This August, Powerhouse Ultimo sets the stage for the Australian premiere of Atmospheric Memory, a sensory exhibition that involves science, mathematics and climate.
July 20th, 2023
The Powerhouse Ultimo has announced its Australian premiere of Atmospheric Memory, which is due to run from 12 August to 5 November. Conceived by Mexican-Canadian artist Rafael Lozano-Hemmer, this exhibition takes centre stage at this year’s Sydney Science Festival, setting the tone for nine days of wonder and discovery.
Atmospheric Memory brings to life the uncharted spaces where art, science and technology coalesce. It draws upon the Blockbuster Funding Initiative’s robust support from the NSW Government, guaranteeing a significant highlight in the NSW cultural calendar.
Charles Babbage is Lozano-Hemmer’s muse for ‘Atmospheric Memory’ – a XIX Century computer pioneer who conjectured that the air around us is a library, storing every sound, motion and uttered word. This concept, radical in Babbage’s era, has found relevance in our contemporary digital life, where we obsess over documenting, remembering and accessing the past.
Lozano-Hemmer brings this abstract notion to life in a uniquely tangible way. Visitors are drawn into an immersive universe where atmospheric vibrations translate into a symphony of sights, sounds, and touch. Voice-activated fountains shape words into ephemeral wisps of water vapour, and a corridor filled with over 3000 natural and unnatural sounds offers a unique sonic tapestry.
Related: A Line, A Web, A World at Powerhouse
As the host, Powerhouse Ultimo does not merely provide a backdrop for the exhibition, but lends a crucial dimension to it. A carefully curated selection of 50 objects from the museum’s collection nestles alongside Lozano-Hemmer’s installations, providing historical context and highlighting the connection between past and future. Highlights include Babbage’s Difference Engine No 1, a mechanical marvel that anticipated the modern computer, and Thomas Edison’s tinfoil phonograph, one of the earliest sound recording and playback devices.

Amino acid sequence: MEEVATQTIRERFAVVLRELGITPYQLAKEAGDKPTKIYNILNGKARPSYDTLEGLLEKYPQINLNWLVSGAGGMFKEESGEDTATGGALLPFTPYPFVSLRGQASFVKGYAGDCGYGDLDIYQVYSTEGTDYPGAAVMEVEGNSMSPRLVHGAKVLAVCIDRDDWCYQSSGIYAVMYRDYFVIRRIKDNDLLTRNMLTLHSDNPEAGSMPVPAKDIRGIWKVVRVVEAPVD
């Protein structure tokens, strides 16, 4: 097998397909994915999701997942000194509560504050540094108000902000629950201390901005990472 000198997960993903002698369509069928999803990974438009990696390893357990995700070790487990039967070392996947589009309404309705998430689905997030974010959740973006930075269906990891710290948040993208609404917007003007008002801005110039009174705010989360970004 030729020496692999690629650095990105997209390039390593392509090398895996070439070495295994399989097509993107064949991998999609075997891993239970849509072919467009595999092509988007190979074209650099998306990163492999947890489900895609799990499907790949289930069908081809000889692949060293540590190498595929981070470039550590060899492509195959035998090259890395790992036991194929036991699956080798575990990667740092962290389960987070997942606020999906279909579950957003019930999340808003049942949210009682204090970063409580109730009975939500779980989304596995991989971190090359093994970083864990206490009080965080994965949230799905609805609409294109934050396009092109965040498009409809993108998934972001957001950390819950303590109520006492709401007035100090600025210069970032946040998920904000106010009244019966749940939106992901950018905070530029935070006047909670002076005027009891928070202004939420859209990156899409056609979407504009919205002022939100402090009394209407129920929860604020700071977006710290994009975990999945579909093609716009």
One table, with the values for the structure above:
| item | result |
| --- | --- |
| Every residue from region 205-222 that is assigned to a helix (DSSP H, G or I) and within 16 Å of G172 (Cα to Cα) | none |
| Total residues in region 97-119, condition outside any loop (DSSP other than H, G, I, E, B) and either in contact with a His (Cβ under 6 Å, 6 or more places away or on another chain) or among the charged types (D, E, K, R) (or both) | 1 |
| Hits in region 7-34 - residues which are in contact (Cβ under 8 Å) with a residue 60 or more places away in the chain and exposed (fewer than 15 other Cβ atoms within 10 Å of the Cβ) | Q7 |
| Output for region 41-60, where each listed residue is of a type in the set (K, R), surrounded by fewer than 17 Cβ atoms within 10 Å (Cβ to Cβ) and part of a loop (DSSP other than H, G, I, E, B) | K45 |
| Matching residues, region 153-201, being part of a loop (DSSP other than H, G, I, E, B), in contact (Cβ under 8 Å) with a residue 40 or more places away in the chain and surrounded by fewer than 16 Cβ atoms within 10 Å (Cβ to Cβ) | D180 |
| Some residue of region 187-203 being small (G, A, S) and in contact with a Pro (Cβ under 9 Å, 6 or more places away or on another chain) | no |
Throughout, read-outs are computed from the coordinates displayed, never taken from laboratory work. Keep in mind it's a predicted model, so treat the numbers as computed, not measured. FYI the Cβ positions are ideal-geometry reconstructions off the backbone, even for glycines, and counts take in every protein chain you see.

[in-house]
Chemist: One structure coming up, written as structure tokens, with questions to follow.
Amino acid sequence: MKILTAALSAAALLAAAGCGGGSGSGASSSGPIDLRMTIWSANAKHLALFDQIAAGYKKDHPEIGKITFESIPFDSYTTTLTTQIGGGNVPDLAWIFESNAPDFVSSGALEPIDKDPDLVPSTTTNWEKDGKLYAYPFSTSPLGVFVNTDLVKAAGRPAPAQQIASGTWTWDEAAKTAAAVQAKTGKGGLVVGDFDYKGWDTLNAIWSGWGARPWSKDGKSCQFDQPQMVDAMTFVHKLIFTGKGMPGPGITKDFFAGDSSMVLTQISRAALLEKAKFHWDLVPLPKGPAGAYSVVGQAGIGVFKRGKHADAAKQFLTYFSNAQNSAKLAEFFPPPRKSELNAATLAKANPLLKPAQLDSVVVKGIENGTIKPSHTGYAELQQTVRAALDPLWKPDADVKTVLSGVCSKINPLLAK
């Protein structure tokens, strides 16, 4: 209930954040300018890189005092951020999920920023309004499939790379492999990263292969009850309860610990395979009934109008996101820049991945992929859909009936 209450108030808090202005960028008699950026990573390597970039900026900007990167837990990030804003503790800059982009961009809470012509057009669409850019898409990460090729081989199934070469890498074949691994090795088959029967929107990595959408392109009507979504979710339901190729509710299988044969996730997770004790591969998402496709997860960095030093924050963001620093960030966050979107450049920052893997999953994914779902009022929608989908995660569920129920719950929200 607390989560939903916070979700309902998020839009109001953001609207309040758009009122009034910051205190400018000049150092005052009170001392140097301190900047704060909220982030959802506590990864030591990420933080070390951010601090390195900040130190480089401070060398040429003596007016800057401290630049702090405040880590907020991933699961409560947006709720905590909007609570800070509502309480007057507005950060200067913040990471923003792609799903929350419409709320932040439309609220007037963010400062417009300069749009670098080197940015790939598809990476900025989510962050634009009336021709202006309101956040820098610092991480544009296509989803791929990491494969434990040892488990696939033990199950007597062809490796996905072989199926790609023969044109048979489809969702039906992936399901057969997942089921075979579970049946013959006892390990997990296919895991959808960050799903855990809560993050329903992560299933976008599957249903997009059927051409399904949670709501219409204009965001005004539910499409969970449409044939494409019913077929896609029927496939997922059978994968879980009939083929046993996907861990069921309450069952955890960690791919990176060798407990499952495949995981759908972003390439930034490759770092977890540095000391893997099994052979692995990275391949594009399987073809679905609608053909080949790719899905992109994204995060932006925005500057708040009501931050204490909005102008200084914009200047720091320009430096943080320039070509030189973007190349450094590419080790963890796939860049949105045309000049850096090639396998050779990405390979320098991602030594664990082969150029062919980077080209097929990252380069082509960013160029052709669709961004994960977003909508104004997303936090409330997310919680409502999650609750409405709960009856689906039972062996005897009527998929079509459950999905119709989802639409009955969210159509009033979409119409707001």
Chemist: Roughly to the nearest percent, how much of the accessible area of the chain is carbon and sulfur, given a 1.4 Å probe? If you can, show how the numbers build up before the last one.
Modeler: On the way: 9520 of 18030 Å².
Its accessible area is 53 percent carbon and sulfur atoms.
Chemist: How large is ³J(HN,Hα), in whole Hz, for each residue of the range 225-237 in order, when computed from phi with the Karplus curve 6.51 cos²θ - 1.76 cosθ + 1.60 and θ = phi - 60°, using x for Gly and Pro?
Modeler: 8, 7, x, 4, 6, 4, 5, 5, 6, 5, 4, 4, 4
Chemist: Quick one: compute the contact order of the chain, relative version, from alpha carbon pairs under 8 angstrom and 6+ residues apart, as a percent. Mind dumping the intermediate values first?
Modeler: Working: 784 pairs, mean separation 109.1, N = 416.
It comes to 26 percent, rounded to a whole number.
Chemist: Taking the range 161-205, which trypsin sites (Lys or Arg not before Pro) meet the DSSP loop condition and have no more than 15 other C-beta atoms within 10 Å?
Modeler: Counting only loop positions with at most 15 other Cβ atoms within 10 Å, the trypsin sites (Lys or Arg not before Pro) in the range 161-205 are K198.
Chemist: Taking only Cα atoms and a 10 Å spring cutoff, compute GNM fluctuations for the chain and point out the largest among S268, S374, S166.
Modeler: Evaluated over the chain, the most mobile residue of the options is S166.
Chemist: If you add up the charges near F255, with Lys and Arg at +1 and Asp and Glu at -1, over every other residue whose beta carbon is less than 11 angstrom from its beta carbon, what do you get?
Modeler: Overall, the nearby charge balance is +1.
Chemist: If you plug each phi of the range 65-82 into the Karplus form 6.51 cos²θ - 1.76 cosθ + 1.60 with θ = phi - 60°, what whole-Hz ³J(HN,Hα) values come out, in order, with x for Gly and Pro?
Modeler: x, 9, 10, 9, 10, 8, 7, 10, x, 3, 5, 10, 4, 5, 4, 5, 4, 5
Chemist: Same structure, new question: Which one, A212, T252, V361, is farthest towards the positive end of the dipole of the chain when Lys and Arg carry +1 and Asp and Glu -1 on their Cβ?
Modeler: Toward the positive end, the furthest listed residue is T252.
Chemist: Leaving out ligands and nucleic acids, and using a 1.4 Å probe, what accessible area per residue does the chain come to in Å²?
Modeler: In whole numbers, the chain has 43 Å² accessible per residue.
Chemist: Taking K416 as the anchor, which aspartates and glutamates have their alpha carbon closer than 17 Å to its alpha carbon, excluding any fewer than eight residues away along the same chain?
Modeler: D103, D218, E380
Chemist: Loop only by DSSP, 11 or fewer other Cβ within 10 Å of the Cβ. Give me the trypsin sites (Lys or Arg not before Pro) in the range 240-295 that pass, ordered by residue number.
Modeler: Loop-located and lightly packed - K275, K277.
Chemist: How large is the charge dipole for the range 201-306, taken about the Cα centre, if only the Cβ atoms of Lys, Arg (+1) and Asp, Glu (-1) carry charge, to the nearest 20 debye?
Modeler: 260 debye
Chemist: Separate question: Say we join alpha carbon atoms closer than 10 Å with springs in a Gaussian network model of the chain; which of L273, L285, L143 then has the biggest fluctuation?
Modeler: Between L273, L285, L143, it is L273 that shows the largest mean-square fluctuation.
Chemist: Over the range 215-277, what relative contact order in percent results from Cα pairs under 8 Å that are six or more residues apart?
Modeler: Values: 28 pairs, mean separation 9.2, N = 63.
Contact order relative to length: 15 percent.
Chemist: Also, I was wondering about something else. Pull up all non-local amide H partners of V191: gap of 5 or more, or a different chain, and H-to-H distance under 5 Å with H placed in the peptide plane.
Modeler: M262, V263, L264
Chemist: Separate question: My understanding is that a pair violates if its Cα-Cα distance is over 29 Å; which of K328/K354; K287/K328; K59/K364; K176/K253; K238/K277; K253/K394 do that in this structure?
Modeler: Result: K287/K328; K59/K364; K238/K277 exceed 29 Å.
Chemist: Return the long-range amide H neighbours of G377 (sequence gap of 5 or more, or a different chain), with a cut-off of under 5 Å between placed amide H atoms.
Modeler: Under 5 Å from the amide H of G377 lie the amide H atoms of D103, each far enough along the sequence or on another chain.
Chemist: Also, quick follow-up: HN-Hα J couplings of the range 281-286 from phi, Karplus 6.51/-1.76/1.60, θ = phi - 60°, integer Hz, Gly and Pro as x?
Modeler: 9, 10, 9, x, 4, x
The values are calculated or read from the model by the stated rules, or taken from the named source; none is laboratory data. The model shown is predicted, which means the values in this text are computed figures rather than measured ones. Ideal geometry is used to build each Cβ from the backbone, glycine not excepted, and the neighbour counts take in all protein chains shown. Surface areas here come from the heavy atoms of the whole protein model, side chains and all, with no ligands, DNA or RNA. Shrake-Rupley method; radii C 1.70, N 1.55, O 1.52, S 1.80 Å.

The jewel in the exhibition’s crown is the world’s first 3D-printed speech bubble. This feature epitomises the spirit of Atmospheric Memory – a daring union of history and future, tradition and innovation, encased within a compelling narrative structure.
“The development of Atmospheric Memory at the Powerhouse is a collaborative process between the artist and museum, and we are excited to share this incredible experience with our visitors,” says Powerhouse’s chief executive, Lisa Havilah.
The exhibition challenges us to ponder the traces we leave behind and the ripple effects they will generate in our world. Visiting this exhibition is not merely about viewing, but full participation and exploration.
Running 12 August – 5 November 2023, Atmospheric Memory is an evocative reflection on our shared histories and futures. Supported by the NSW Government through Create NSW Blockbusters Funding Initiative, it was originally produced by Manchester International Festival and commissioned alongside the Science and Industry Museum (UK), FutureEverything, ELEKTRA / Arsenal Contemporary Art, Montreal and Carolina Performing Arts – University of North Carolina at Chapel Hill. The project is also funded in part by the Government of Canada.
Jason Lock, Mariana Yåñez, Olivier Groulx
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